In 1869, when the final spike was driven into the Transcontinental Railroad, few were prepared for its seismic aftershocks. Once a hodgepodge of short, squabbling lines, America’s railways soon exploded into a titanic industry helmed by a pageant of speculators, crooks, and visionaries.
The maneuvers and countermaneuvers of the railroad titans can be dizzying. It takes Hiltzik four chapters to cover the 1901 effort by Harriman to take control of the Northern Pacific Railroad, which ended only when Morgan set up a trust that assumed control over both that line and the competing Great Northern Railway (an arrangement the Supreme Court soon declared illegal). An able narrator, with an eye for telling detail, Hiltzik makes what otherwise might seem arcane financial details engrossing ... Hiltzik belongs to a long line of journalists, critics and historians who have viewed the financial and corporate leaders of the 19th and early 20th centuries, no matter their faults, as makers of history and shapers of the nation. He takes the creation of the national railroad network as a self-evident good. Not everyone has agreed.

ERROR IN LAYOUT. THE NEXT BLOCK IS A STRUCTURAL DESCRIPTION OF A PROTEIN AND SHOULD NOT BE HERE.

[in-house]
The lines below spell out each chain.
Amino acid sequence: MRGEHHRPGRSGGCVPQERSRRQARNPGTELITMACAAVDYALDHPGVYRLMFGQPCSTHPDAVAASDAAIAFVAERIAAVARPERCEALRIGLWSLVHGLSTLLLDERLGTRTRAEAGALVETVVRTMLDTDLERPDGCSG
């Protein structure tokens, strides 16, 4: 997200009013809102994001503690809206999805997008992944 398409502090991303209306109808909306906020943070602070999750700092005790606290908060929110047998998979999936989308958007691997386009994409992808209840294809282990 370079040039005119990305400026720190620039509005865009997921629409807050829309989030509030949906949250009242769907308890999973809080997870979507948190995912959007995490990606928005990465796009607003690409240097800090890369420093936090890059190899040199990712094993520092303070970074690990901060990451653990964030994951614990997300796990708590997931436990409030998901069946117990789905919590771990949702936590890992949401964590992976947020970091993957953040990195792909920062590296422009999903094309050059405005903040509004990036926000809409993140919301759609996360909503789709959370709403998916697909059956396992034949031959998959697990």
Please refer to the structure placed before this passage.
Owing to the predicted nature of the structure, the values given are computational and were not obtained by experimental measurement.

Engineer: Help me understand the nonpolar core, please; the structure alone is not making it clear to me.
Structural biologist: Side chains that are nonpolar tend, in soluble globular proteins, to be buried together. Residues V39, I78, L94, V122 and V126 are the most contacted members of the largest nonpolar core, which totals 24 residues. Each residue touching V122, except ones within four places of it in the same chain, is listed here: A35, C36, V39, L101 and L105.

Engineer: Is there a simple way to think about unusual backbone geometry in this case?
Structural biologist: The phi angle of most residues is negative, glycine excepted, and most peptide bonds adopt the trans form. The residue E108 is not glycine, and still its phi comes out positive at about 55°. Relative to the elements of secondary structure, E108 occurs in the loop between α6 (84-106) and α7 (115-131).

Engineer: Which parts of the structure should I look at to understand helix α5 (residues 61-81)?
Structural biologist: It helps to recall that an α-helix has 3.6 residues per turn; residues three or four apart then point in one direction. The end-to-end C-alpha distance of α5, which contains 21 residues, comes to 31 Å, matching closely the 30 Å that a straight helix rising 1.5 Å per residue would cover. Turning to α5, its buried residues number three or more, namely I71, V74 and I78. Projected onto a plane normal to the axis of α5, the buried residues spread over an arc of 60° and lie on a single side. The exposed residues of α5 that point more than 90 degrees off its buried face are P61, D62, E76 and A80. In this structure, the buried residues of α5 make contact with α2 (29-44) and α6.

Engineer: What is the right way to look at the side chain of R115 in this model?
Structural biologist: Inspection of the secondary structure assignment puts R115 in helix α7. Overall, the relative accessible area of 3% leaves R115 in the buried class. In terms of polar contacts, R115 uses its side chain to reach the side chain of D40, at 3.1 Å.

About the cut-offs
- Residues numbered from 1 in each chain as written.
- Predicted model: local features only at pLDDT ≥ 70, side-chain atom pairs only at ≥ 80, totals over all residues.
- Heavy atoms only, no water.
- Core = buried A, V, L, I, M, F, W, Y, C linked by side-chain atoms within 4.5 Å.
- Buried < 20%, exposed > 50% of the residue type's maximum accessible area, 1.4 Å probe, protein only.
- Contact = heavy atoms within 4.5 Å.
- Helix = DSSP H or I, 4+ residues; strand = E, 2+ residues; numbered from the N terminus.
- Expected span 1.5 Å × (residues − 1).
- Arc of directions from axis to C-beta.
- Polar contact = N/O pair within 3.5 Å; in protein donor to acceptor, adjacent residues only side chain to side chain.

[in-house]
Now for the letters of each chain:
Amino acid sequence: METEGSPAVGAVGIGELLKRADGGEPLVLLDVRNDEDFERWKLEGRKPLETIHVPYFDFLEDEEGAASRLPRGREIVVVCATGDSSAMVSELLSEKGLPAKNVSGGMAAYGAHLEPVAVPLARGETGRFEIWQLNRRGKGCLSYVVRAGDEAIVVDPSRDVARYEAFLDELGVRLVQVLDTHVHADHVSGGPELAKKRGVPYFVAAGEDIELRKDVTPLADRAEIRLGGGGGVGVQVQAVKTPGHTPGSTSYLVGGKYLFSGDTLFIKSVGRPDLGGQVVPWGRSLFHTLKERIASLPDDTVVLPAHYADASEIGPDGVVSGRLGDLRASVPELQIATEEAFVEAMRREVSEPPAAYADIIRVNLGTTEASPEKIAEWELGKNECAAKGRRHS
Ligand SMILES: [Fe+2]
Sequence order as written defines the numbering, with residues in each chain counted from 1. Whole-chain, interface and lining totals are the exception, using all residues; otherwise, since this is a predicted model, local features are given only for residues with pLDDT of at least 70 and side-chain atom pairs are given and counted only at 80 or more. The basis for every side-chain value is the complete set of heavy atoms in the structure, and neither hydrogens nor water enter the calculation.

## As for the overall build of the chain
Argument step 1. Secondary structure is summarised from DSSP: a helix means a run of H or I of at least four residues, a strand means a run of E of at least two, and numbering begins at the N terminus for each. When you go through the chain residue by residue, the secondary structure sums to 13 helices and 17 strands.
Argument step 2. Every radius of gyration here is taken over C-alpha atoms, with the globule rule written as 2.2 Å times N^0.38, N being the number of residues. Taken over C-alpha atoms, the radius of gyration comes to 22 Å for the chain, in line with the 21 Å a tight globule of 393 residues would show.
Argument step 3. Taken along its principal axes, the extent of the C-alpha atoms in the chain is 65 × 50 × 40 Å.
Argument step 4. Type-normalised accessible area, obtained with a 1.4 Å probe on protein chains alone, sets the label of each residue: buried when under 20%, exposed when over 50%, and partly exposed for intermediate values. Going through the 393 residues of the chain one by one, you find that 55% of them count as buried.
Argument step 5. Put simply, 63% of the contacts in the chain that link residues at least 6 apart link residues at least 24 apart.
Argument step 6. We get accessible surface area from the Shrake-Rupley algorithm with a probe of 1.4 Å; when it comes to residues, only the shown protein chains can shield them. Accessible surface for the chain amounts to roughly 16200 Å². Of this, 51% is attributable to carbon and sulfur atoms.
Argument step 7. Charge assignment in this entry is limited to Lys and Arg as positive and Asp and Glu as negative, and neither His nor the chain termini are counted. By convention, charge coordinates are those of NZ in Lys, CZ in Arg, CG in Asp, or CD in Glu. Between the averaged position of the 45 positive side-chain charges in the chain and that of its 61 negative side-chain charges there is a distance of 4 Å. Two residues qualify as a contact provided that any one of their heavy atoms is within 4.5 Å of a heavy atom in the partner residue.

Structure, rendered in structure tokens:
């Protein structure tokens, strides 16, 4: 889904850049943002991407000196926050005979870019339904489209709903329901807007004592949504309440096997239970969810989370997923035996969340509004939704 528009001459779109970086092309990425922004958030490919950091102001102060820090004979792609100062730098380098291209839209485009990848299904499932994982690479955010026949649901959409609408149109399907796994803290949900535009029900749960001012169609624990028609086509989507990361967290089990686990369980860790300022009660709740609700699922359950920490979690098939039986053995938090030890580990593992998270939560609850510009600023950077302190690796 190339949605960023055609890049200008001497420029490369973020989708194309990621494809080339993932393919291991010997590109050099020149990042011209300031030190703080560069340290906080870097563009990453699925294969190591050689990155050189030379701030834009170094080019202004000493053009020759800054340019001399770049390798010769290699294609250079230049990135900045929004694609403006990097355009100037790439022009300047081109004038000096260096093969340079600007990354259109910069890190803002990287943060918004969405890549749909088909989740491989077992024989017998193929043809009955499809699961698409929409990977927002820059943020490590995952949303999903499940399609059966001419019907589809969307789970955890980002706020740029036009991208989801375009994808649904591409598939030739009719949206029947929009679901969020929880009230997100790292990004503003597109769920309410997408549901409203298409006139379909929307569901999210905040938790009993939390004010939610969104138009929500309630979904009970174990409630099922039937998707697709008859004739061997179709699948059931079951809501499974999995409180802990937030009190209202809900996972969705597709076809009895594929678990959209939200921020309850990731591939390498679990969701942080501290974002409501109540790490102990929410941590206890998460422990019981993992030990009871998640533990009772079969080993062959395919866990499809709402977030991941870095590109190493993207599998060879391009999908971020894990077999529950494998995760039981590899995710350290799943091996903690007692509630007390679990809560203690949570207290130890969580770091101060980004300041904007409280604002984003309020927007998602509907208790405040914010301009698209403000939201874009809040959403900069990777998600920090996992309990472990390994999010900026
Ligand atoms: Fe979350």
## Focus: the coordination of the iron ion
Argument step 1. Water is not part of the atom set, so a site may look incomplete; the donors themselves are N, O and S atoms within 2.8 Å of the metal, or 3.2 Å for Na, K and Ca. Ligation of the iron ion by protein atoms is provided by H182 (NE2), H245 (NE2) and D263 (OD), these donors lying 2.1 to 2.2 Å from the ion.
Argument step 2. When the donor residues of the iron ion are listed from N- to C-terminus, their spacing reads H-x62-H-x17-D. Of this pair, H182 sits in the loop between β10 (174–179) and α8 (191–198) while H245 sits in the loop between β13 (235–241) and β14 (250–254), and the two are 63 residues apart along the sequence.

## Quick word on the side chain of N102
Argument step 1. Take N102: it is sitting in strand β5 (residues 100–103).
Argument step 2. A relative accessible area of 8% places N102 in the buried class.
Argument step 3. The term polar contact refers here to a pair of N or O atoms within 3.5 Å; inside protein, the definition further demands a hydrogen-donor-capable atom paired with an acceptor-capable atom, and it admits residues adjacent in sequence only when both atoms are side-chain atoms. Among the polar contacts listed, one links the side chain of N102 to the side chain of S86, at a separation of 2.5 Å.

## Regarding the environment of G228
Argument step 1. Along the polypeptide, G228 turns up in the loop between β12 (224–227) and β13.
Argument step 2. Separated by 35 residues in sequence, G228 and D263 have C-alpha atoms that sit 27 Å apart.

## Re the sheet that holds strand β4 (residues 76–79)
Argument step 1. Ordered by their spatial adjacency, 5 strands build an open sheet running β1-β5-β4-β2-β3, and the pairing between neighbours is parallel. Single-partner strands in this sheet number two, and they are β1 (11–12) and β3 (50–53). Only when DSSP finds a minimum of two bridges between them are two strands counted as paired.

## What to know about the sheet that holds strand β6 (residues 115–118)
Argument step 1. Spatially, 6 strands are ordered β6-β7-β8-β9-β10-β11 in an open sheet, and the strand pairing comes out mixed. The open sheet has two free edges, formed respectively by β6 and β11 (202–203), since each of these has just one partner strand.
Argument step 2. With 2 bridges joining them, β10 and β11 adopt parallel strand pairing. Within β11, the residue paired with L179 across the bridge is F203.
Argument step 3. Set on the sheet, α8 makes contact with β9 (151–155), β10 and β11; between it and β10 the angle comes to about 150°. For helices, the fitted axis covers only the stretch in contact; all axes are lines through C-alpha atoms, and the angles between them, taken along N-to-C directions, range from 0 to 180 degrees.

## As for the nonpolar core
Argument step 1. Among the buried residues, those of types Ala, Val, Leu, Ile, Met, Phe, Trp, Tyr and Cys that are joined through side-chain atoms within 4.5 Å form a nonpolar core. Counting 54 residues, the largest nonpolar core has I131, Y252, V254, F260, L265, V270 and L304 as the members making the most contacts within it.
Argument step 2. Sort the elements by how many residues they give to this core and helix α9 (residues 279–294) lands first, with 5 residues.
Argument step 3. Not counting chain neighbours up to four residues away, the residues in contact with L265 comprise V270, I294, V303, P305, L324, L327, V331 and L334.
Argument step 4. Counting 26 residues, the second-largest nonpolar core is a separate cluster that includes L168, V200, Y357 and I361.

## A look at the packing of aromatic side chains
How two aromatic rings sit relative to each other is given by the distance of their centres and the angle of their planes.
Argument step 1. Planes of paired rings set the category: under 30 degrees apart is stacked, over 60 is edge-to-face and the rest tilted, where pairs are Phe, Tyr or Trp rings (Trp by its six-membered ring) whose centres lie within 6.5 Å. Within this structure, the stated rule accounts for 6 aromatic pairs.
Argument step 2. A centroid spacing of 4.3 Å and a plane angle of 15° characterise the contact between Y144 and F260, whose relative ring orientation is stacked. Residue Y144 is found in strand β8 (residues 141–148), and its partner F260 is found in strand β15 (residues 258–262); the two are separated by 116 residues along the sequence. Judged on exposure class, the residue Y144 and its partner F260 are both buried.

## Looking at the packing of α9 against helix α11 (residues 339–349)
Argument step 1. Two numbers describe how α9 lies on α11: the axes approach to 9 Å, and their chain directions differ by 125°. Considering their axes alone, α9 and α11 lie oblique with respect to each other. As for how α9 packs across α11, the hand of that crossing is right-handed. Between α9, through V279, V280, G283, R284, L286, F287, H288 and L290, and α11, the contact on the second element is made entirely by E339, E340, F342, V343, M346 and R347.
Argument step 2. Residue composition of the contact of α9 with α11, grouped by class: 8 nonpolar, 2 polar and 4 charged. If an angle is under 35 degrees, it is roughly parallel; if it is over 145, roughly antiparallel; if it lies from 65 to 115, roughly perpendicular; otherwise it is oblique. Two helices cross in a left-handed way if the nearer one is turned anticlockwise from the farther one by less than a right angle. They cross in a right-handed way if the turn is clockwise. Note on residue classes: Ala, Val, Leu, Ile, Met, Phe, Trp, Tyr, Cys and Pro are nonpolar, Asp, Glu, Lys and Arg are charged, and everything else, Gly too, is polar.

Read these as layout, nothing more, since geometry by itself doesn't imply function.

Hiltzik pokes among the ghostly bones of tycoons past but doesn’t generally offer a new interpretation. Mr. Hiltzik presents a colorful cast in conventional terms ... Mr. Hiltzik’s narrative, unhappily, is overloaded with portentous framing ... Mr. Hiltzik often assumes a forward knowingness, but rarely seems to be fully in the present moment ... His characters are a rich, interesting lot. But his reflexive foreshadowing robs Iron Empires of the drama it might have had.